The following Value Added Tax guidance note Produced by Tolley provides comprehensive and up to date tax information covering:
This guidance note explores what is meant by ‘catering’ in the context of the zero-rating for food. Catering is specifically excluded from zero-rating and so catering supplies are traditionally standard-rated. However, between 15 July 2020 and 31 March 2022, a temporary reduced rate applies to most catering supplies, details of which are set out in the Hospitality industry ― temporary reduced rate from 15 July 2020 to 31 March 2022 guidance note. This guidance note does not cover the temporary reduced rate in any depth.
For an overview of the scope of zero-rating for food in VATA 1994, Sch 8, Group 1, see the Food ― overview of zero-rating guidance note.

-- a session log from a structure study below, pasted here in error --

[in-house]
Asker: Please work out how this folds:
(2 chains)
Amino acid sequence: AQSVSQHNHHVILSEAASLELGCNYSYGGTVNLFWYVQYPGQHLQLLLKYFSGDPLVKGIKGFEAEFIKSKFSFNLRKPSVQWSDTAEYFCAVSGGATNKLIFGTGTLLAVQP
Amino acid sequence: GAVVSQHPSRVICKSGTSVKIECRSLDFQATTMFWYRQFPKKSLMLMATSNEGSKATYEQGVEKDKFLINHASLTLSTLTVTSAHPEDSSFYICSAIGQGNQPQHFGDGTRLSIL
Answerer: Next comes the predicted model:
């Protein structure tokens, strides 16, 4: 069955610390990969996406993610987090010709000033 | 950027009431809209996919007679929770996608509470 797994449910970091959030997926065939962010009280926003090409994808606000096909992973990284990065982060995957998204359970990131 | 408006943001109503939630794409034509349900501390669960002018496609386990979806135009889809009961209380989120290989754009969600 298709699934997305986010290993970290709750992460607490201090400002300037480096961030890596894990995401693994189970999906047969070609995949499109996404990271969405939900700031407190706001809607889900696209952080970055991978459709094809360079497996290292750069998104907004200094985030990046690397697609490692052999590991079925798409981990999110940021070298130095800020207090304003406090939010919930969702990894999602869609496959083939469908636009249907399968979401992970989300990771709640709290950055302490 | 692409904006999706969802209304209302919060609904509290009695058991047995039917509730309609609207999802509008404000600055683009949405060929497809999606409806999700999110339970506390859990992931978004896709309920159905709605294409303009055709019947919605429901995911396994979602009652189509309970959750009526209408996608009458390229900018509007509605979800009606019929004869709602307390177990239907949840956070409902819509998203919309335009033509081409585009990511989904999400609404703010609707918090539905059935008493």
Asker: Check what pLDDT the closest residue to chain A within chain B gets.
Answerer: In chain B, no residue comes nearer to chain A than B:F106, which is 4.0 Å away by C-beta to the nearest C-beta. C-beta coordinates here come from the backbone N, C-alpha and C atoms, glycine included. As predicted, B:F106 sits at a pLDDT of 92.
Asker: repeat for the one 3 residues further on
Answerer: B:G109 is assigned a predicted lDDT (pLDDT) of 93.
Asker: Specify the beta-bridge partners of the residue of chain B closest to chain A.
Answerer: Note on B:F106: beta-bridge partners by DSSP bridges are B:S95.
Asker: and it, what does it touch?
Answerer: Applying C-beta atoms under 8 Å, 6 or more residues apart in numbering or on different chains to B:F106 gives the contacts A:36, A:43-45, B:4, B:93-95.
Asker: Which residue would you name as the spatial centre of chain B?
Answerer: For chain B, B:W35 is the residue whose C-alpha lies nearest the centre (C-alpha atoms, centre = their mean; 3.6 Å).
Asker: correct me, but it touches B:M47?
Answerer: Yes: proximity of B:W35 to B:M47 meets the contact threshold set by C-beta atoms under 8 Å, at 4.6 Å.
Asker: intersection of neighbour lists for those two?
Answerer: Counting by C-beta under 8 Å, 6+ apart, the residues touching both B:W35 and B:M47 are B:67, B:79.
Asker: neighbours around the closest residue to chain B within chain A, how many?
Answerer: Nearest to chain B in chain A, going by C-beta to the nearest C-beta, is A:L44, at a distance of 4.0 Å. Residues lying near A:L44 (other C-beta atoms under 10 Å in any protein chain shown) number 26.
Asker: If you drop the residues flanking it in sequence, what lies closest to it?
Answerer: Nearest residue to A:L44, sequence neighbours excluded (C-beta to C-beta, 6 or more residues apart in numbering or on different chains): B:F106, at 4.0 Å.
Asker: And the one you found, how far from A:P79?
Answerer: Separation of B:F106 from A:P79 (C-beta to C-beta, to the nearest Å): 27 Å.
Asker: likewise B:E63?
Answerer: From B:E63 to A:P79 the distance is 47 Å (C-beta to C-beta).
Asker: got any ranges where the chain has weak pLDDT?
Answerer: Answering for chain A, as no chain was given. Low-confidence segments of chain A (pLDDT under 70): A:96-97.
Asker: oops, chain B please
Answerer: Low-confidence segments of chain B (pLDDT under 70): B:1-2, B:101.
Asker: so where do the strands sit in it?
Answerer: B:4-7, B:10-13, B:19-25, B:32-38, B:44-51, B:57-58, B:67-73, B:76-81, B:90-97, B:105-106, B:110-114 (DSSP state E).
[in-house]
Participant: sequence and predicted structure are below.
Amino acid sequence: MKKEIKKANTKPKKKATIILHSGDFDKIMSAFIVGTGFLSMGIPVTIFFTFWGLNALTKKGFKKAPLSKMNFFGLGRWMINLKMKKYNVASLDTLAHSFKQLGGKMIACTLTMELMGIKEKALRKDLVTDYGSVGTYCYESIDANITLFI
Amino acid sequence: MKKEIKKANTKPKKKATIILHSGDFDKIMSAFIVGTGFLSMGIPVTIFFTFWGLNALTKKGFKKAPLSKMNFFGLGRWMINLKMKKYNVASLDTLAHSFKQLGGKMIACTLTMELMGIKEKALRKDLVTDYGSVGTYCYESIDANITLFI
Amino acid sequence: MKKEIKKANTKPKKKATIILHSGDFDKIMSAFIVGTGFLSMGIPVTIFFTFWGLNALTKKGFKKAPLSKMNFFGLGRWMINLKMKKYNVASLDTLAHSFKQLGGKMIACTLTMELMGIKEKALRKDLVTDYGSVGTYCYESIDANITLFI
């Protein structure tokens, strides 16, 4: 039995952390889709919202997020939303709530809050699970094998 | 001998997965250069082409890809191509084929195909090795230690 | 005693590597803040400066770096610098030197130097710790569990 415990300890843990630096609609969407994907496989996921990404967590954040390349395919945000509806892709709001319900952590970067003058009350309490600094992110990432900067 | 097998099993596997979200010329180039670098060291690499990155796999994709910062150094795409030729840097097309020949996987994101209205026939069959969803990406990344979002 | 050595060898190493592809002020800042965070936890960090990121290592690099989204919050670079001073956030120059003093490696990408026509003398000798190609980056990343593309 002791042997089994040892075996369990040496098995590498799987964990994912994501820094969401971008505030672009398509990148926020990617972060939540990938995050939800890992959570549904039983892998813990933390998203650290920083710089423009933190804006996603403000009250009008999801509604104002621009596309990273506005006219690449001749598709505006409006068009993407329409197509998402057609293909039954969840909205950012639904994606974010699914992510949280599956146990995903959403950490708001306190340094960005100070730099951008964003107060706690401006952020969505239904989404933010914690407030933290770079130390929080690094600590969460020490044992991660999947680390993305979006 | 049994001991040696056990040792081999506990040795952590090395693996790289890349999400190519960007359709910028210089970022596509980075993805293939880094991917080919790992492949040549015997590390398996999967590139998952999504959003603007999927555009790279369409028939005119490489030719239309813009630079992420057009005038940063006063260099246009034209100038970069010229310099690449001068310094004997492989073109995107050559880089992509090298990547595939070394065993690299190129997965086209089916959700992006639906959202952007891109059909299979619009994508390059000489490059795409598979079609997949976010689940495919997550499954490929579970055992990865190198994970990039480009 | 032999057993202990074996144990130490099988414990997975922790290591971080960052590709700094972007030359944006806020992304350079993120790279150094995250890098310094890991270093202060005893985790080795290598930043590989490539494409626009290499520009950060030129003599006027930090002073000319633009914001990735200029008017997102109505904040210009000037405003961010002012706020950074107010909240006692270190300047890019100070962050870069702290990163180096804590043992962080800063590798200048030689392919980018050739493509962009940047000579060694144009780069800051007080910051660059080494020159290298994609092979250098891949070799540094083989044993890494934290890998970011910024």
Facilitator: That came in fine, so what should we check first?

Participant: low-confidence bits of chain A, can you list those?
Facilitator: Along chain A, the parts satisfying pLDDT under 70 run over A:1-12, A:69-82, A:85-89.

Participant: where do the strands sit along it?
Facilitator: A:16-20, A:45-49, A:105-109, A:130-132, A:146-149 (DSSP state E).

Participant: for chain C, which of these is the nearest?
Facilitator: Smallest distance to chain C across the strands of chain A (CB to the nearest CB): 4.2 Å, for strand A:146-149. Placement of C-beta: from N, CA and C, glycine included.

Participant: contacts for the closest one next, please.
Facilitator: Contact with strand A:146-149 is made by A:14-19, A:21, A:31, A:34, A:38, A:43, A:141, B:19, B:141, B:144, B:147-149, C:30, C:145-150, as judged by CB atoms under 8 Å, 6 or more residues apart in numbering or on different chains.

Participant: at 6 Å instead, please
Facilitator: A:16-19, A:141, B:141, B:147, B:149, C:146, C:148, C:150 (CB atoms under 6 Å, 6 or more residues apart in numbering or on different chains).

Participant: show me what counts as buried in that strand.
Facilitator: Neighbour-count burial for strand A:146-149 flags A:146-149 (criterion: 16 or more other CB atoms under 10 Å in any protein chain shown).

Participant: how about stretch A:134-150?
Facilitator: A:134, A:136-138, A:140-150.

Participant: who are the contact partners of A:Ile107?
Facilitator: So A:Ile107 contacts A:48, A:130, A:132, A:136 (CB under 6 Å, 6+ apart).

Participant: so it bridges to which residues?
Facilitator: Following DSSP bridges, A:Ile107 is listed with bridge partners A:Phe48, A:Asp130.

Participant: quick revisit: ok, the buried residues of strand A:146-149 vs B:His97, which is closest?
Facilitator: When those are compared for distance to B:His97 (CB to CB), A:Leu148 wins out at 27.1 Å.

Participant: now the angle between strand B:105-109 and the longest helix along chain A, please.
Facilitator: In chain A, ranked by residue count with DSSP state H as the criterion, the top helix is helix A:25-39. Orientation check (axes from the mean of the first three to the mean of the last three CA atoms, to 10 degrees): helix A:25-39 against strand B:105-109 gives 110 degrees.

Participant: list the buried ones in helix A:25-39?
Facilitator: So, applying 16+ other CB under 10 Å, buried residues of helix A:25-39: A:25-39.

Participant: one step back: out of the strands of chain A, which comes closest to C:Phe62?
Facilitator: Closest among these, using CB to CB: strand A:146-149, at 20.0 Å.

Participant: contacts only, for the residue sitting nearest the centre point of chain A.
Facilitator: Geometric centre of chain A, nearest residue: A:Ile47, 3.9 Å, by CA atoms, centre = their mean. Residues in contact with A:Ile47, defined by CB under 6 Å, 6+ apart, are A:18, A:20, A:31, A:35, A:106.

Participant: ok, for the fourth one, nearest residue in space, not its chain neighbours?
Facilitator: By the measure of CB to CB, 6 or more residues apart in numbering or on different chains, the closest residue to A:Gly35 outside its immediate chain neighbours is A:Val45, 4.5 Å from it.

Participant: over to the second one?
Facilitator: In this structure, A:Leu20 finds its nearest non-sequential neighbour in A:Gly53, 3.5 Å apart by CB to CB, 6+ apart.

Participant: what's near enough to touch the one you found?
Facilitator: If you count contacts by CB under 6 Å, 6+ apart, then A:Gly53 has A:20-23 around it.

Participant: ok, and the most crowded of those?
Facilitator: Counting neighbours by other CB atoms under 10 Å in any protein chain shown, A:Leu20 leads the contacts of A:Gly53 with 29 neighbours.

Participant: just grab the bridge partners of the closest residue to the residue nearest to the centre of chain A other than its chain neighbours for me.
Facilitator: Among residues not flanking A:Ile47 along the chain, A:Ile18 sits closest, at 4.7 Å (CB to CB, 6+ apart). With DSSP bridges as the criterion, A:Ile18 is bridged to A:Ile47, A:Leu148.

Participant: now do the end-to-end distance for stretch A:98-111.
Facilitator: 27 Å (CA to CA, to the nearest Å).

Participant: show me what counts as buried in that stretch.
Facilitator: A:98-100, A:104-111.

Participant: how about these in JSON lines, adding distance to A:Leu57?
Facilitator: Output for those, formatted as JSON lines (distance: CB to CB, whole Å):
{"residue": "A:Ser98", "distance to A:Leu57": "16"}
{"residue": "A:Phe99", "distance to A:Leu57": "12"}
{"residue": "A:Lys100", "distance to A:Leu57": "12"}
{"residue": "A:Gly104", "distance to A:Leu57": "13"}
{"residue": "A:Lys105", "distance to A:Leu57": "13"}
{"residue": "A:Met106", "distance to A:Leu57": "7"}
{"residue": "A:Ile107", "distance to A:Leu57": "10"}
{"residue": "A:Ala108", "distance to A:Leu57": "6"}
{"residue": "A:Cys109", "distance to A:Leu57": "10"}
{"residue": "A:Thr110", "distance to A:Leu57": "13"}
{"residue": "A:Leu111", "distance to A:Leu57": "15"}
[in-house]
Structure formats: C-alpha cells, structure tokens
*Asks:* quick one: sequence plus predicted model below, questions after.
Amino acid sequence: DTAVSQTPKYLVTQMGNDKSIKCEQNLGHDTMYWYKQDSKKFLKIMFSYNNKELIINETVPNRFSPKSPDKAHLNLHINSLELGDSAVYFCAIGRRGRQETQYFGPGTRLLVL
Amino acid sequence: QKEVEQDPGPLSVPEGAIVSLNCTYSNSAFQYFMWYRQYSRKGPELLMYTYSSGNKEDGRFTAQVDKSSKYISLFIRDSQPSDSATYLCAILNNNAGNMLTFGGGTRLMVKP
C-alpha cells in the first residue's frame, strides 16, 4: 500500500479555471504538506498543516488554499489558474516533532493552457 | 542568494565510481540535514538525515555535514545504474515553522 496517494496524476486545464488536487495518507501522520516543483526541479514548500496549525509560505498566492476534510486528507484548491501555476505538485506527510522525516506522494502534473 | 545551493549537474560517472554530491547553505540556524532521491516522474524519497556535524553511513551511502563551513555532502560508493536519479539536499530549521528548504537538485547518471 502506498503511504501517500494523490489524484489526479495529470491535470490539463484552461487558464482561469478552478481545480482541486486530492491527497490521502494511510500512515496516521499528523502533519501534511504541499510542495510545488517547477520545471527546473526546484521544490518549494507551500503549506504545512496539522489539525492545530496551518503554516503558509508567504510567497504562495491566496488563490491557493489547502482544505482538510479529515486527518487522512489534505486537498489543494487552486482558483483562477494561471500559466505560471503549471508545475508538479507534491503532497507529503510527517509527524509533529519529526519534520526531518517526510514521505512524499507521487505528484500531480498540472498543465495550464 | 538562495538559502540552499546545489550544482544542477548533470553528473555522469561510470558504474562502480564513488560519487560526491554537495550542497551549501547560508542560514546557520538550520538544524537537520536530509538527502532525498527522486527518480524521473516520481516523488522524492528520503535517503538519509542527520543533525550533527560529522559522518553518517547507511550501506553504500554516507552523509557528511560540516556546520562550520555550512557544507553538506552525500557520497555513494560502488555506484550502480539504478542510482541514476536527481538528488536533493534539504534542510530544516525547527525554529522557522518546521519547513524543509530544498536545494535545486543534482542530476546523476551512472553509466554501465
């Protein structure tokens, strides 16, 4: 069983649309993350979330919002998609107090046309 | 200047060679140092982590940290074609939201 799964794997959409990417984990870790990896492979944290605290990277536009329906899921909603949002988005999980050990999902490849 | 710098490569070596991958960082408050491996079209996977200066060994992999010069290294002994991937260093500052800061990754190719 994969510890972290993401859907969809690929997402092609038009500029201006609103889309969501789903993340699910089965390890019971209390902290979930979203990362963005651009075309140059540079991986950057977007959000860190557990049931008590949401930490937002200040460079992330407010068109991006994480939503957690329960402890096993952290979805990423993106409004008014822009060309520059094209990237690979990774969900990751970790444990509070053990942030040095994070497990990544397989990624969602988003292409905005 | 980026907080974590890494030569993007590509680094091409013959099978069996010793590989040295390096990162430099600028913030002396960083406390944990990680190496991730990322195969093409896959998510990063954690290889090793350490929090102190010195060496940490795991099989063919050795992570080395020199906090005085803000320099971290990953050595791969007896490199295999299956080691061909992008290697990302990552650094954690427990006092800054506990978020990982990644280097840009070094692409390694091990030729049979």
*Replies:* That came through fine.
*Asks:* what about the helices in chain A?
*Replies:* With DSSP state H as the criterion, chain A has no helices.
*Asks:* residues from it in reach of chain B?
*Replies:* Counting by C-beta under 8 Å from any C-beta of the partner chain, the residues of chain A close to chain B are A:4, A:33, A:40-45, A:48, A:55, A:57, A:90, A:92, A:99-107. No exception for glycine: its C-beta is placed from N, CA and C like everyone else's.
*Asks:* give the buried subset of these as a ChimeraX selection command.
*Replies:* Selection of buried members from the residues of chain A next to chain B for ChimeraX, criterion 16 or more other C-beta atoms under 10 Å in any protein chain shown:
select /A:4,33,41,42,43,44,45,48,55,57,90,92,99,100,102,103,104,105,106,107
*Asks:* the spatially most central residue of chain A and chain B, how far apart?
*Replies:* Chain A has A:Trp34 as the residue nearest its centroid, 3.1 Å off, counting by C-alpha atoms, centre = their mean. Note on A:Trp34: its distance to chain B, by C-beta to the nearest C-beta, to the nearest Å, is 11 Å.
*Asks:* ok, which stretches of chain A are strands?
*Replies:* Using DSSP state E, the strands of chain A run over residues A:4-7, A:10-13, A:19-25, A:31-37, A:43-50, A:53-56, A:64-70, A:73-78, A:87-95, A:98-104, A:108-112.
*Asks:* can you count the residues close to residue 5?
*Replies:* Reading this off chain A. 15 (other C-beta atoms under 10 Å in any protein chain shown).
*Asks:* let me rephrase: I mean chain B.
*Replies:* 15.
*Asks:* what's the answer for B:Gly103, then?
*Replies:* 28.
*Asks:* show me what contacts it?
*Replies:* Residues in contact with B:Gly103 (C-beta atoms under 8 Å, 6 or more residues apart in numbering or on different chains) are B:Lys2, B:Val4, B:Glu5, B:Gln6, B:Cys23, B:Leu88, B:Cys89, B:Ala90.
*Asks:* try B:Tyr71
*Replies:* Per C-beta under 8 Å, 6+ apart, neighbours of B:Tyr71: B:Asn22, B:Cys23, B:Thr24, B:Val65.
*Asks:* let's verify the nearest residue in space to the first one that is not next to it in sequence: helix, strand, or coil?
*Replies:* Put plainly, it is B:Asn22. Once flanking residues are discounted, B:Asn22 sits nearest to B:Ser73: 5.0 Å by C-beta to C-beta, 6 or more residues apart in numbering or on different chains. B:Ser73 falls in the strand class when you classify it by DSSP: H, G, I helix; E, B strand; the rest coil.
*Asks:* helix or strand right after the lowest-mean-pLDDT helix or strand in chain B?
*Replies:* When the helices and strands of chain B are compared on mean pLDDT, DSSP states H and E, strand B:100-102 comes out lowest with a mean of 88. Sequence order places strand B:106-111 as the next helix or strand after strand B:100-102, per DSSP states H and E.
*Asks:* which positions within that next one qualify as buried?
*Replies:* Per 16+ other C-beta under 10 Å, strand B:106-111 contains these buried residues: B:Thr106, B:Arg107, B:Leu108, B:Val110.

In-depth commentary on the legislation and case law on catering can be found in De Voil Indirect Tax Service V4.220.
The following catering supplies are excluded from zero-rating:
supplies made in the ‘course of catering’
food and drink supplied for consumption on the premises
hot takeaway food
VATA 1994, Sch 8, Group 1(a), Note 3
These catering supplies are described in more detail in this guidance note.
Catering is the supply of prepared food and drink, and it usually involves a significant element of service being provided to the customer. Supplies made in restaurants, at weddings and the delivery of cooked meals to the customer’s house are typical examples of supplies of catering.
Food and drink supplied as part of a catering contract will also be liable to VAT at the standard rate (or in some circumstances, the temporary reduced rate between 15 July 2020 and 31 March 2022, see the Hospitality industry ― temporary reduced rate from 15 July 2020 to 31 March 2022 guidance note).
Just because a meal is pre-prepared (for example a ready-meal), this does not necessarily mean it is a supply in the course of catering. In fact, if a business supplies food that the
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